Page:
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Vaughn: 'I'm coming to play the outfield'

By MARC TOPKIN, Times Staff Writer

© St. Petersburg Times
published February 17, 2002

ST. PETERSBURG -- For all the articles you've already read and interviews you've seen about the composition of the Rays outfield, Greg Vaughn has the answer.

"I feel great, I feel strong and I'm coming to play the outfield," Vaughn said from his California home. "Everything feels good right now."

Every discussion of the Rays' outfield plans seems to start with an if, specifically if Vaughn will be healthy enough to play leftfield on close to an everyday basis.

If he can, then the Rays can play Jason Tyner in center and have the option of keeping Ben Grieve in right or using him more as a DH. (Perhaps as importantly, they'll also a better chance of eventually trading Vaughn and the remaining $18-million on his contract.) If not, Vaughn will be the DH and other options will be limited.

Because of sore legs and a cranky shoulder, Vaughn played 57 games in the field last season, two after Aug. 15.

But a winter of karate and flexibility drills has his hamstrings loose, and an enhanced exercise and weights program has his right shoulder "the best it's felt in a long time."

If everything holds up, Vaughn, 36, expects to re-establish himself as one of the game's top sluggers. Having posted 95 home runs and 237 RBIs in 1998-99, Vaughn has 52 homers and 156 RBIs in two injury-marred seasons with the Rays.

"I'm coming in focused on doing what I do, which is punish the baseball," Vaughn said. "I'm going to show people I can be that force in the middle of lineup that I know I am. If I can do that, it takes the pressure off my teammates."

What he doesn't know is how long he'll be with the young Rays team.

"I think they're going to try and get me out of there," Vaughn said. "I think it's just a matter of time. I have no control over it. If they trade me, they trade me. I've just got to do what I do. That's all I can worry about."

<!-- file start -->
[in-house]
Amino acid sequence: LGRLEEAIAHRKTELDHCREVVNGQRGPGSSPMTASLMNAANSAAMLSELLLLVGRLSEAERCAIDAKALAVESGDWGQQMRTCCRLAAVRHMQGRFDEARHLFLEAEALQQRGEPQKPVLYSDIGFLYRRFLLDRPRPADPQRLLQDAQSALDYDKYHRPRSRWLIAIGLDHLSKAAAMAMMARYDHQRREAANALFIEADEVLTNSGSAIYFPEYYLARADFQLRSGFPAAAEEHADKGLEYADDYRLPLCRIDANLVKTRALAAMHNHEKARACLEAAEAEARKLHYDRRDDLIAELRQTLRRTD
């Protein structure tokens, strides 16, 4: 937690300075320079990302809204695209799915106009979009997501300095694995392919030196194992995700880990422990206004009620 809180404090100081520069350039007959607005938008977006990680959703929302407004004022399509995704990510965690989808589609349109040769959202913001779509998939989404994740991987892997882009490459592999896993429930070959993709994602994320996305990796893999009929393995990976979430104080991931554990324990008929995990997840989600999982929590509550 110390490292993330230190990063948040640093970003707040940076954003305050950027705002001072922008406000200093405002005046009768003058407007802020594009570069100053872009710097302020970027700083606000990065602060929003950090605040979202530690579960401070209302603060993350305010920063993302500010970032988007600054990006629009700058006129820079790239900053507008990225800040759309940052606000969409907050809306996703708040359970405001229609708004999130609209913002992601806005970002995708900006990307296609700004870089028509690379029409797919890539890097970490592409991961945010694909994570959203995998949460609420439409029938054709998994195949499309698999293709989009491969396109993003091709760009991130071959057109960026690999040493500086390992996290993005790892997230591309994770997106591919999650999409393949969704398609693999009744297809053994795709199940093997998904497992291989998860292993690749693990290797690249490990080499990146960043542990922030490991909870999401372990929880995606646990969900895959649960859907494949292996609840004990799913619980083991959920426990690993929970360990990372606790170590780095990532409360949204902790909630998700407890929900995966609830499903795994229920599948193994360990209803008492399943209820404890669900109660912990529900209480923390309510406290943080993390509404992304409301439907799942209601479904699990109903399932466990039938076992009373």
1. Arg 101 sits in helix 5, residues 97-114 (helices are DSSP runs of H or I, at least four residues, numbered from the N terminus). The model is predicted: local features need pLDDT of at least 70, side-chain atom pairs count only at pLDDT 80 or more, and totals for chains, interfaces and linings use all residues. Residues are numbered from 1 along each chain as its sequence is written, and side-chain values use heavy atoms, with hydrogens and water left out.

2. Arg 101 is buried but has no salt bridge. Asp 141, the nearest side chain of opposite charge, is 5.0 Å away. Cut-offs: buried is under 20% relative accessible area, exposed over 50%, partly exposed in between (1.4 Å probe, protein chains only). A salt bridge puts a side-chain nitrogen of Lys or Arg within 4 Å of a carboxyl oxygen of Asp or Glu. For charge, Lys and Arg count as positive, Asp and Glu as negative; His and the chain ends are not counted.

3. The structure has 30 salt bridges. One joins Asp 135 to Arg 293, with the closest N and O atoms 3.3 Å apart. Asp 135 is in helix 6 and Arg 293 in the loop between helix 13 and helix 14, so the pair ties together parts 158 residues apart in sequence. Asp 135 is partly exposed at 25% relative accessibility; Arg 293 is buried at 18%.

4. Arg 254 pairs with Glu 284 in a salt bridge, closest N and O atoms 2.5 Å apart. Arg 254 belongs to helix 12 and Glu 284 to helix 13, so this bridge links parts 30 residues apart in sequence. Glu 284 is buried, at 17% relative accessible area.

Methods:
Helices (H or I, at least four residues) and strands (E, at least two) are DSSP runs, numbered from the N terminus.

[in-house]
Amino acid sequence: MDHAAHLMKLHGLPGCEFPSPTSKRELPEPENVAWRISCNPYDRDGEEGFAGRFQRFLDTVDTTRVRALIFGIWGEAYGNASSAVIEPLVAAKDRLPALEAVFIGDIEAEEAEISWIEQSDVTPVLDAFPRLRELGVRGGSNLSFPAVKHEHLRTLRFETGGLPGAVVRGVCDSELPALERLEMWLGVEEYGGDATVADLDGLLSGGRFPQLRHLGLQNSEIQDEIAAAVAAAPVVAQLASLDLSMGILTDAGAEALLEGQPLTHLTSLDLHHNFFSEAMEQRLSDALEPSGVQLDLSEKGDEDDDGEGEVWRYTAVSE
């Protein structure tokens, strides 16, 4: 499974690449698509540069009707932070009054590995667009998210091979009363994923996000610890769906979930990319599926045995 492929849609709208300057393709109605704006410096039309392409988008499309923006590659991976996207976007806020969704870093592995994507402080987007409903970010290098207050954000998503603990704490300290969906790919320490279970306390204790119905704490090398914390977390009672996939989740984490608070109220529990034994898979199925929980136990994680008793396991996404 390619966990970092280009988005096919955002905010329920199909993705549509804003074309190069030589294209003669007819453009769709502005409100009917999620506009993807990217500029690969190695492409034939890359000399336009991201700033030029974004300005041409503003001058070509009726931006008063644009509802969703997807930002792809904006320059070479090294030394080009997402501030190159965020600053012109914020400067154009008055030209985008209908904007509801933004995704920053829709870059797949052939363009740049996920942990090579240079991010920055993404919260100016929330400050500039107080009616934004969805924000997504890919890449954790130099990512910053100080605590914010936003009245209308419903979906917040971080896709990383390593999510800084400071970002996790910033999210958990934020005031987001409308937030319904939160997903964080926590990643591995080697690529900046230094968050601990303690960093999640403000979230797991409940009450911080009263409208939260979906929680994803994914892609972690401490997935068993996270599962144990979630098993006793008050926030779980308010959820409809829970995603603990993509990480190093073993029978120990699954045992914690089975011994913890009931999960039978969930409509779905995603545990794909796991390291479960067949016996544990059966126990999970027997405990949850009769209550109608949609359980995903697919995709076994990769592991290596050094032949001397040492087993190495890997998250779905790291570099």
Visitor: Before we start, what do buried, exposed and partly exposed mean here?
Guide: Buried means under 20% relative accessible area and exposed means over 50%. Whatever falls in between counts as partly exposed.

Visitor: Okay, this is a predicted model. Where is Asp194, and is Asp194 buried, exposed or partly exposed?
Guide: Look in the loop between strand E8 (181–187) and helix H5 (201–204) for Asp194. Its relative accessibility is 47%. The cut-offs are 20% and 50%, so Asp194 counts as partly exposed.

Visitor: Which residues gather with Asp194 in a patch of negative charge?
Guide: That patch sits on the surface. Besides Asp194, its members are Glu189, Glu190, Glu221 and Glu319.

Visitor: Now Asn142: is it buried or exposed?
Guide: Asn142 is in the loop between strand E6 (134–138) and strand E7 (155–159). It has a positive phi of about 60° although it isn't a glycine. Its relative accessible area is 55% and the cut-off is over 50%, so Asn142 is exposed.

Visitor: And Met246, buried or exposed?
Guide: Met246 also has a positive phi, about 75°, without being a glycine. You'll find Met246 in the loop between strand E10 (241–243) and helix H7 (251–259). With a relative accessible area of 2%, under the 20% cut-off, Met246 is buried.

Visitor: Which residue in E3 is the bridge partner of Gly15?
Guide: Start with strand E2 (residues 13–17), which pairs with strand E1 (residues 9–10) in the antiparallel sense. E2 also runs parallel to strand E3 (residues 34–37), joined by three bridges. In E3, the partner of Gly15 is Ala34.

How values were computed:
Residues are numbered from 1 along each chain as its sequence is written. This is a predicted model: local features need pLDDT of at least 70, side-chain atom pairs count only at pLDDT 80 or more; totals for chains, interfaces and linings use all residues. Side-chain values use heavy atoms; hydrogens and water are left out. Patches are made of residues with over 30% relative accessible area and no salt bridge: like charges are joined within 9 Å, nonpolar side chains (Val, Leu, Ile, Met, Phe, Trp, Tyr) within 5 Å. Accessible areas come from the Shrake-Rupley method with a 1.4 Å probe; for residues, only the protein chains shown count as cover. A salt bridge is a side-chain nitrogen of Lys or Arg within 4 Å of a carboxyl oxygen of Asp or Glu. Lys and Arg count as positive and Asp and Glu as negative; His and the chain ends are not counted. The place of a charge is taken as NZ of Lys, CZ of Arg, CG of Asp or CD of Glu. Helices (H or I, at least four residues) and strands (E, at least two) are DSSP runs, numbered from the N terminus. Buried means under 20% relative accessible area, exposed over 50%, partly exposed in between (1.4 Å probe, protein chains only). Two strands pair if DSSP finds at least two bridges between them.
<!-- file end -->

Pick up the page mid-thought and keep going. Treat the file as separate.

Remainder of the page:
KNEE-HIGHS: There was, at the least, mixed reaction to manager Hal McRae's new dress code. Players must wear stirrup socks and keep their pant legs high enough to show at least four inches of green. Many are wearing pants in the old-fashioned style with the socks exposed to knee length.

"I'm not a big fan, but Hal makes the rules," veteran John Flaherty said. "Instead of one or two guys looking like idiots, now we'll all look like idiots together. But I guess we'll be doing it as a team."

McRae ordered the change because he felt players were using too many different styles of socks and had gone too far in wearing their pants to their ankles, or even hooked into their shoes.

Plus, he likes the old-fashioned style. "It looks good," McRae said. "It's the way the uniform should be worn."

CHICKEN OR EGG: Promoting the idea that the Rays -- who will have the youngest team and possibly the lowest payroll in the majors this season -- are headed for long-term success, general manager Chuck LaMar challenged fans to step up their support and eliminate doubts about the team's future.

"What comes first?" LaMar asked. "Do you win and the fans come out, or do the fans need to come out and support this organization before we really start to win?

"The latter is what's got to happen here. If it does, that word contraction can be completely eliminated and we can get on with business at hand. I challenge ourselves to put the product on the field that we think we can with the young players this year. And I challenge everybody in this area to try and get behind this organization and this club before the wins and losses start. If that happens, we'll have a heck of a lot of fun."

HOO-RAYS: Former Rays coaches Rick Williams and Ray Searage were among the Marlins staffers freed from limbo and fired Friday. About 15,000 fans visited FanFest on Saturday. Fox Sports Net will show a FanFest special at 9 a.m. today, and the event continues from noon to 4 p.m. at Tropicana Field.

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